Oct
1
2013

Whenever an investigative television program comes out promising to inform pet owners about whether they're paying too much for veterinary care, it is essential for veterinary professionals to take advantage of opportunities the coverage provides, said Jost am Rhyn, executive director of the Canadian Veterinary Medical Association (CVMA).

According to am Rhyn, the hype from these shows is often short-lived and presents a chance for veterinarians to have more meaningful conversations with clients.

"Generally these sensationalized stories create a buzz for a week or two," am Rhyn said. "We will use it as an opportunity to educate pet owners about the value of the sophisticated level of care they have access to at their veterinary hospital."

Currently on the radar of Canadian veterinarians is an upcoming episode of Marketplace titled "Barking Mad" that is asking pet owners in Canada, "Are you paying too much at the vet?" The show is scheduled to air Oct. 4 in Canada.

The program, which says on the CBC Television website that its mission is "sniffing out the truth about vet bills," sent hidden cameras into some Canadian veterinary practices to gather information about how much hospitals charged for various procedures and treatments. It also called on pet owners to submit copies of bills from wellness exams, spaying/neutering, X-rays, and dental cleanings.

Although the program might suggest that some veterinary clients are paying too much, it is actually an opportunity for veterinary hospitals to better communicate the value of their services, am Rhyn said.

Presenting an opportunity for improved client communication

"This program will provide an opportunity for veterinarians to further evaluate how they communicate the value of the services being provided," am Rhyn said. "It is important that veterinarians take the time to explain to clients what is involved in delivering the highly sophisticated diagnostics, procedures, and treatments that are available for their pet."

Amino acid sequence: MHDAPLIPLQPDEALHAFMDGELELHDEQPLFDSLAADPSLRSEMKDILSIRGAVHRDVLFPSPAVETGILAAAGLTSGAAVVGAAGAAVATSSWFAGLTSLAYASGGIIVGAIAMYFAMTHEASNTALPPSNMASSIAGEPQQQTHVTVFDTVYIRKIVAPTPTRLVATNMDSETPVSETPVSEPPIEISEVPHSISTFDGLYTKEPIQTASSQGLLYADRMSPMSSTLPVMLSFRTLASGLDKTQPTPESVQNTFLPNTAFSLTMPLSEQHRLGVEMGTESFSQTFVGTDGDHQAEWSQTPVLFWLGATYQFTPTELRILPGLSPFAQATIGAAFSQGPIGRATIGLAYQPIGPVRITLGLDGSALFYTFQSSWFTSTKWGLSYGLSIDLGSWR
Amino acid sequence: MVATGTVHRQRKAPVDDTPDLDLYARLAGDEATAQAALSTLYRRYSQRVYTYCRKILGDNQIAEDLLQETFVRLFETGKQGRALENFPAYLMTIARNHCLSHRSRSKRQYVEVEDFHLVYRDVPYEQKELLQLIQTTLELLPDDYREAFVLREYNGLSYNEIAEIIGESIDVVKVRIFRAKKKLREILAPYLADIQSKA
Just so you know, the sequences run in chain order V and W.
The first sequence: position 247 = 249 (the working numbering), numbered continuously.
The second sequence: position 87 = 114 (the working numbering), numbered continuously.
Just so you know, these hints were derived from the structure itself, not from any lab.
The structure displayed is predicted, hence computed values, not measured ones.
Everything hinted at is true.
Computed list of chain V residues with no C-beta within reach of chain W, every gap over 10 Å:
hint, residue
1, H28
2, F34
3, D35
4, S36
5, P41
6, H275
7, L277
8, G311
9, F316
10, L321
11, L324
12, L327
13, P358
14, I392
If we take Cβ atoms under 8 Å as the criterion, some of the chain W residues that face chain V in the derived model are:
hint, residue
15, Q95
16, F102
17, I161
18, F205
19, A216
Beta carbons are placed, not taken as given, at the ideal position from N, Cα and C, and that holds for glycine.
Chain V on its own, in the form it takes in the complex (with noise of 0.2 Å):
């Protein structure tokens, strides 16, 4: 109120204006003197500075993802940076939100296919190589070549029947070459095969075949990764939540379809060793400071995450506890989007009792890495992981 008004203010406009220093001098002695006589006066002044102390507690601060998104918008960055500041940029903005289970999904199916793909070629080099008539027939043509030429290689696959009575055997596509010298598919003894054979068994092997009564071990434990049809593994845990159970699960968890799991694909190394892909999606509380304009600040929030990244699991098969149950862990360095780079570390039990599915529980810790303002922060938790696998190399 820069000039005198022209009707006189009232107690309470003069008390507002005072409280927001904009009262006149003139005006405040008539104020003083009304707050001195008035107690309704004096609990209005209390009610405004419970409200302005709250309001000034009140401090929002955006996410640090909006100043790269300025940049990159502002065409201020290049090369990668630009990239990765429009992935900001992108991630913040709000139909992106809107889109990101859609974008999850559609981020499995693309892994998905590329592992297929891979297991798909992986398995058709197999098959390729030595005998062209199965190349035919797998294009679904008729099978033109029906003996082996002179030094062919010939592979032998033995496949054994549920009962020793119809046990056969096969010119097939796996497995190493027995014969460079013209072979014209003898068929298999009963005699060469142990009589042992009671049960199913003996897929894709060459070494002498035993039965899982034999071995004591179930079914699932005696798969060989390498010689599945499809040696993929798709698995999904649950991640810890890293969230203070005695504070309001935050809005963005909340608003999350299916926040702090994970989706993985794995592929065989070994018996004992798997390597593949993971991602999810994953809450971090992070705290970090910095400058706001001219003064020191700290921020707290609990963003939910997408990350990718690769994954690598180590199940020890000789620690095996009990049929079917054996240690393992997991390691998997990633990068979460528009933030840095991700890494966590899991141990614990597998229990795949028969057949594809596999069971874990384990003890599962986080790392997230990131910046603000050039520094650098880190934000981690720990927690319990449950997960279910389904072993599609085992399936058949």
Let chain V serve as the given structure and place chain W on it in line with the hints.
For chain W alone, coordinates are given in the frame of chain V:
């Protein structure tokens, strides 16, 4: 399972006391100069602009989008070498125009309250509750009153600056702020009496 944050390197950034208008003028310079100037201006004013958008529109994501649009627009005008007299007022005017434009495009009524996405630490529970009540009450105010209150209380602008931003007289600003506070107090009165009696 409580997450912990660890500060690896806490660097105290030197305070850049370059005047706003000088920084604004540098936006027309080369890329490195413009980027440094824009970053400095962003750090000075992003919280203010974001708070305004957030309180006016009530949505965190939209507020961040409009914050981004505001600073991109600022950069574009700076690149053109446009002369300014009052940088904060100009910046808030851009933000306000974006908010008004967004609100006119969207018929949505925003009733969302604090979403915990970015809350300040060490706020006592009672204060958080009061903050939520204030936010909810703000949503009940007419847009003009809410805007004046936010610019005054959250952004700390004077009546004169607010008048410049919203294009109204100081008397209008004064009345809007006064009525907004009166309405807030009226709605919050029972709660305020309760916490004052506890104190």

According to am Rhyn, clients who are well-informed about their pets' health care options and feel as though they are involved members of the veterinary team are less likely to be swayed by investigative programs.

He shared advice for veterinarians to help clients fully understand the value of the care their pets are receiving.

"Be ready to answer questions from pet owners. Show them you care, take the time to explain your recommendations. Let them know you’re on their side, that you can work together to ensure their pet stays healthy," said am Rhyn. "Pet owners need to feel like the veterinary care decisions they make for their pet are the result of a collaboration between veterinarian and owner, and that this collaboration recognizes the level of care they expect and is suited to their budget."

Vetting the information presented on the program

Jim Berry, DVM, CVMA president, recently did a 90-minute interview with the host of Marketplace to discuss topics including vaccination, heartworm testing and prevention, and pet obesity.

Although Berry was able to discuss the benefits and value of veterinary services at length, am Rhyn said that veterinary associations in Canada will be watching carefully to determine whether any responses are needed regarding the show's content.

"The Canadian Veterinary Medical Association and the provincial veterinary medical associations will be watching the program closely when it airs," am Rhyn said. "If required, we will be responding to correct any false information in the show. If needed, we will also address any valid concerns that are raised during the show and use it as an opportunity to reassure and educate pet owners about the value of veterinary health care."

Resources for better communicating the value of veterinary services

The following articles and resources from AAHA and the CVMA provide information and talking points that address many of the issues raised on the television program.

AAHA articles and resources

CVMA articles to help veterinarians educate pet owners

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